My point above with the REPLACE and GEOGRAPHY, is that even fully documented and supported features do happen to change in the future. The question is which and to what extent. The thing I now most is afraid will happen, is a change in the XML implementation. Perhaps it will never change, or it will change due to some internal performance implementation.
Don't get me wrong here, I am all for changes to make SQL Server a better and/or faster product even if it means breaking past behaviour. And that's the thought of the initial blog post; things will change.

Connect is an excellent place to gather user input, I have used it some times in the past and will continue to do.

Keep up your good work,


Mike C
re: Unsupported and/or undocumented features
Hi Peter,

Are these really examples of unsupported and/or undocumented features?

- The REPLACE function is fully documented and fully supported. The fact that the documented behavior changed in a new version of SQL Server doesn't make it an unsupported and/or undocumented feature.

- sp_makewebtask was fully documented and fully supported on SQL 2000 and 2005. It was deprecated in 2005 as you say, but it was documented and supported on that platform.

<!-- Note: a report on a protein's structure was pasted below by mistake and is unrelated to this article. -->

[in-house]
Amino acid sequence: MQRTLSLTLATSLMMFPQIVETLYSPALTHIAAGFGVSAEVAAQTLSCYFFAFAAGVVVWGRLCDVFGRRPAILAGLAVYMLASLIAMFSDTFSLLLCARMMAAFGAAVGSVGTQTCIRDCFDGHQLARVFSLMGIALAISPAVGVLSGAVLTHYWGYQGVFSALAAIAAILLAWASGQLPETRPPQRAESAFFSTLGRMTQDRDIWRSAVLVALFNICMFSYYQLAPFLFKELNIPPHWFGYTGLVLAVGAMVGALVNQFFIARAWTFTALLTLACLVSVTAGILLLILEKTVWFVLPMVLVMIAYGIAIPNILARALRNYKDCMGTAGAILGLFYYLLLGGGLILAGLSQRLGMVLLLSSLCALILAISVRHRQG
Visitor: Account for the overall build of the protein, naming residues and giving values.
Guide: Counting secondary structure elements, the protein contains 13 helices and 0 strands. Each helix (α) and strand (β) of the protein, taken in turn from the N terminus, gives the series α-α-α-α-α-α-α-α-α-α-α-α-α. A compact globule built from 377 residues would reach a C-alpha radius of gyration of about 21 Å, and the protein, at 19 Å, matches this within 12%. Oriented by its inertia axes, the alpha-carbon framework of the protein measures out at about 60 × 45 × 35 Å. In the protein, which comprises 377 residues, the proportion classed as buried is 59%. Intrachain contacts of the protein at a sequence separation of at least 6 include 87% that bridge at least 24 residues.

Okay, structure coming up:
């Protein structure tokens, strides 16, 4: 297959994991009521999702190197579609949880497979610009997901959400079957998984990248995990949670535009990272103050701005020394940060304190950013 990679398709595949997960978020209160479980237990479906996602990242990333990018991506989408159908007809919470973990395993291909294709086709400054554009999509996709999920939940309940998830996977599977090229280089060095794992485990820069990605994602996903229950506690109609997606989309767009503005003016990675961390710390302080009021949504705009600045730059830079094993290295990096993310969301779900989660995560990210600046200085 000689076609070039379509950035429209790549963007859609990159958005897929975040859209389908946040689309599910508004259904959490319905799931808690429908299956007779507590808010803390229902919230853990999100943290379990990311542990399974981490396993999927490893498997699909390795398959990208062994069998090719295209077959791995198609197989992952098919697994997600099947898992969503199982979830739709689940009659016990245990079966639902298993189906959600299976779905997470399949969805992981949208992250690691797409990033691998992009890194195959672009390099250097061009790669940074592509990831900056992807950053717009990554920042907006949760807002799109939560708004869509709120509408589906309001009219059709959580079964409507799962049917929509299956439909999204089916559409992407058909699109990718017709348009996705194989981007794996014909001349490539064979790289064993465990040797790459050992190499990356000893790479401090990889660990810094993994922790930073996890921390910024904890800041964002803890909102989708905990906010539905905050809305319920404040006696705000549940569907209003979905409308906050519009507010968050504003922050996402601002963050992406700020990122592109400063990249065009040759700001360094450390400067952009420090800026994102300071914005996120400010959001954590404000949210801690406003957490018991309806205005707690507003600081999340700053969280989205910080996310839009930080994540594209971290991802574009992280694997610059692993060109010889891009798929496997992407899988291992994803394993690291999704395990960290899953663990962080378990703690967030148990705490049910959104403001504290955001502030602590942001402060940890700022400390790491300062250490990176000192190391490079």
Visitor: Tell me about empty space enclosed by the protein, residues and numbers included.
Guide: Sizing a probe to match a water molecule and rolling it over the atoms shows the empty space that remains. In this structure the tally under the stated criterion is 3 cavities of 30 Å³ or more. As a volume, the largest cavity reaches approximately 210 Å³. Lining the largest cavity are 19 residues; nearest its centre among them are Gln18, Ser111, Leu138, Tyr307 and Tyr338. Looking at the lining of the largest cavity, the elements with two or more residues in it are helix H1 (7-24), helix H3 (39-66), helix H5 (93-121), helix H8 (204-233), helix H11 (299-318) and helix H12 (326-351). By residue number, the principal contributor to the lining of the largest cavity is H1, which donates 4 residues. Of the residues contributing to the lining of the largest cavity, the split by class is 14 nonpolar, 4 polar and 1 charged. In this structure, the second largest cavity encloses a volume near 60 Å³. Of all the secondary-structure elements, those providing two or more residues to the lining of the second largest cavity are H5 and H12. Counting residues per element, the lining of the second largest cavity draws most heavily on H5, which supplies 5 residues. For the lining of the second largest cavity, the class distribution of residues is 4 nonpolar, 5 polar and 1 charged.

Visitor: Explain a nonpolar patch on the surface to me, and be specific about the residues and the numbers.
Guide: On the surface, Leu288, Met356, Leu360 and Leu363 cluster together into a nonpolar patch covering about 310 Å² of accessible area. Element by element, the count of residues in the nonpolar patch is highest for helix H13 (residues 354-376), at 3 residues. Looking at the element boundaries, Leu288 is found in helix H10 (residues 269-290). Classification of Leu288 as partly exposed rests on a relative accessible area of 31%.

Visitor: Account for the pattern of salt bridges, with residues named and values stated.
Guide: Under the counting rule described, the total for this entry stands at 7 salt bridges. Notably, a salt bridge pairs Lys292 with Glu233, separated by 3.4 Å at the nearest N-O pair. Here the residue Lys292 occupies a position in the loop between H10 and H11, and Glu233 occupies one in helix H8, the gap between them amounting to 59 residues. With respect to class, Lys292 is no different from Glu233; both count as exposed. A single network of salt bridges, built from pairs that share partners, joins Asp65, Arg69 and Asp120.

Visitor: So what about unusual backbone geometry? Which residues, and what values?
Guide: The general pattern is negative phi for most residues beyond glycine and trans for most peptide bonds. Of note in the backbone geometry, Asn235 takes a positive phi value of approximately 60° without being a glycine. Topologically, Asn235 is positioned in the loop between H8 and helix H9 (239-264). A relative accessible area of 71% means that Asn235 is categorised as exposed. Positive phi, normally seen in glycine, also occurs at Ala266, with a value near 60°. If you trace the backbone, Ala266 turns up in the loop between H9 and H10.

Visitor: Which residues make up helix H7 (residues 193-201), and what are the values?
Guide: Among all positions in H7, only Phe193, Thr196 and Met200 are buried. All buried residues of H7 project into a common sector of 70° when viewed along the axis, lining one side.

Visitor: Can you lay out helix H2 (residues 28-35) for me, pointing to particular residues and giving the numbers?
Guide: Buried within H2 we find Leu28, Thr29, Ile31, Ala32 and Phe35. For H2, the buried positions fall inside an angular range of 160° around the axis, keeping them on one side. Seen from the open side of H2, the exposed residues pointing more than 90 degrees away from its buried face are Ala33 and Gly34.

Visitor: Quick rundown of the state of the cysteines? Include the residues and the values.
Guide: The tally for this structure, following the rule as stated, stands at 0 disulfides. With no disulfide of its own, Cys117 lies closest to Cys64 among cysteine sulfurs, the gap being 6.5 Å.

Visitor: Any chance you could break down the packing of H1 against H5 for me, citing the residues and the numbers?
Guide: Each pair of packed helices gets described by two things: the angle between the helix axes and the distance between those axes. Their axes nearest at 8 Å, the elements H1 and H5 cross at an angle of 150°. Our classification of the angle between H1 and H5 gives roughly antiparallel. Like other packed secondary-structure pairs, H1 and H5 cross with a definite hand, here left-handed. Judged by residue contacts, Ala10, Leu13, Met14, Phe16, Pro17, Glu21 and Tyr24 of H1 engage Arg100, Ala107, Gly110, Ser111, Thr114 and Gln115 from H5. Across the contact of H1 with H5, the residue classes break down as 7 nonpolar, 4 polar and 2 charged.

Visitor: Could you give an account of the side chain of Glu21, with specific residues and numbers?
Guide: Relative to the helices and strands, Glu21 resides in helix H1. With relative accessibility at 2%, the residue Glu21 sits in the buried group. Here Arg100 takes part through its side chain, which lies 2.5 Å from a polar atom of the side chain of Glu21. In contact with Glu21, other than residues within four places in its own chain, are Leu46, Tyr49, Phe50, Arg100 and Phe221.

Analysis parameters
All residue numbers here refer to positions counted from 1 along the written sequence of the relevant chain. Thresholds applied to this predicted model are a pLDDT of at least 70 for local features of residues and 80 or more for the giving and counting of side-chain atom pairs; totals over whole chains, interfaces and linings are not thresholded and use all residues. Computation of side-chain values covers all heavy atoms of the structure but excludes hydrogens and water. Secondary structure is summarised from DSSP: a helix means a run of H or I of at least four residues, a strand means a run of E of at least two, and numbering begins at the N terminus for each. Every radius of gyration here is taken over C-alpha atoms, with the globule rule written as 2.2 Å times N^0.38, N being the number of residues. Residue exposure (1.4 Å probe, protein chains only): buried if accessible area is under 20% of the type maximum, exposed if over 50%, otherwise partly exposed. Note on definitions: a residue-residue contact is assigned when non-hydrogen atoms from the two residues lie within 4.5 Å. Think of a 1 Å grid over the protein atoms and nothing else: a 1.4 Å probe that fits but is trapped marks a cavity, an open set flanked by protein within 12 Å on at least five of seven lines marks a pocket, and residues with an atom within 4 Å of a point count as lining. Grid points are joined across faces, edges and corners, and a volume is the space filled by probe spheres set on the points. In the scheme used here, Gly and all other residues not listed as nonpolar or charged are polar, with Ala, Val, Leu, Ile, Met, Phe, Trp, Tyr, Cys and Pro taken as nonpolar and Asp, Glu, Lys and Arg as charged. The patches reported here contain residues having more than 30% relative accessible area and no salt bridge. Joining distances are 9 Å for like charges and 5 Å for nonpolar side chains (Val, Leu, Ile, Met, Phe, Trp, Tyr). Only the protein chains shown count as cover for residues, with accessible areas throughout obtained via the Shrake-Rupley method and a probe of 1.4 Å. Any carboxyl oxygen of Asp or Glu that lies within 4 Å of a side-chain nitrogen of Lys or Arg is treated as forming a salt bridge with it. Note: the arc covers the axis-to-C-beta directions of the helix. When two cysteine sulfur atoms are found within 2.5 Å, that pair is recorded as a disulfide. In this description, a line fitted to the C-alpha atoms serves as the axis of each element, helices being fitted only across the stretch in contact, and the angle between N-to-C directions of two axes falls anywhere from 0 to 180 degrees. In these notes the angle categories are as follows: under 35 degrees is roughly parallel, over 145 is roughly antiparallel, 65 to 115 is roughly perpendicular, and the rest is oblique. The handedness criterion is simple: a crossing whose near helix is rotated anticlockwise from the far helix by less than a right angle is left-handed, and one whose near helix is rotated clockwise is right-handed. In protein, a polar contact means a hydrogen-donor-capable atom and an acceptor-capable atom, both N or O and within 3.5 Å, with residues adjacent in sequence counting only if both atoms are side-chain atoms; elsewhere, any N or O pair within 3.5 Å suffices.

- DBCC LOGINFO was unsupported and undocumented in the past, but since 2008 the folks at CSS have been telling people to use it( , That indicates some level of documentation and support, although I would call it one of the "poorly documented features" which we run into from time to time.

I guess the question is are you talking about unsupported and/or undocumented features, like reliance on the query optimizer to operate on rows in a specified order during set-based operations, or are you talking about supported and documented features on specific platforms? As you explained, a documented/supported feature on one version of SQL Server may not be documented and supported on a different version.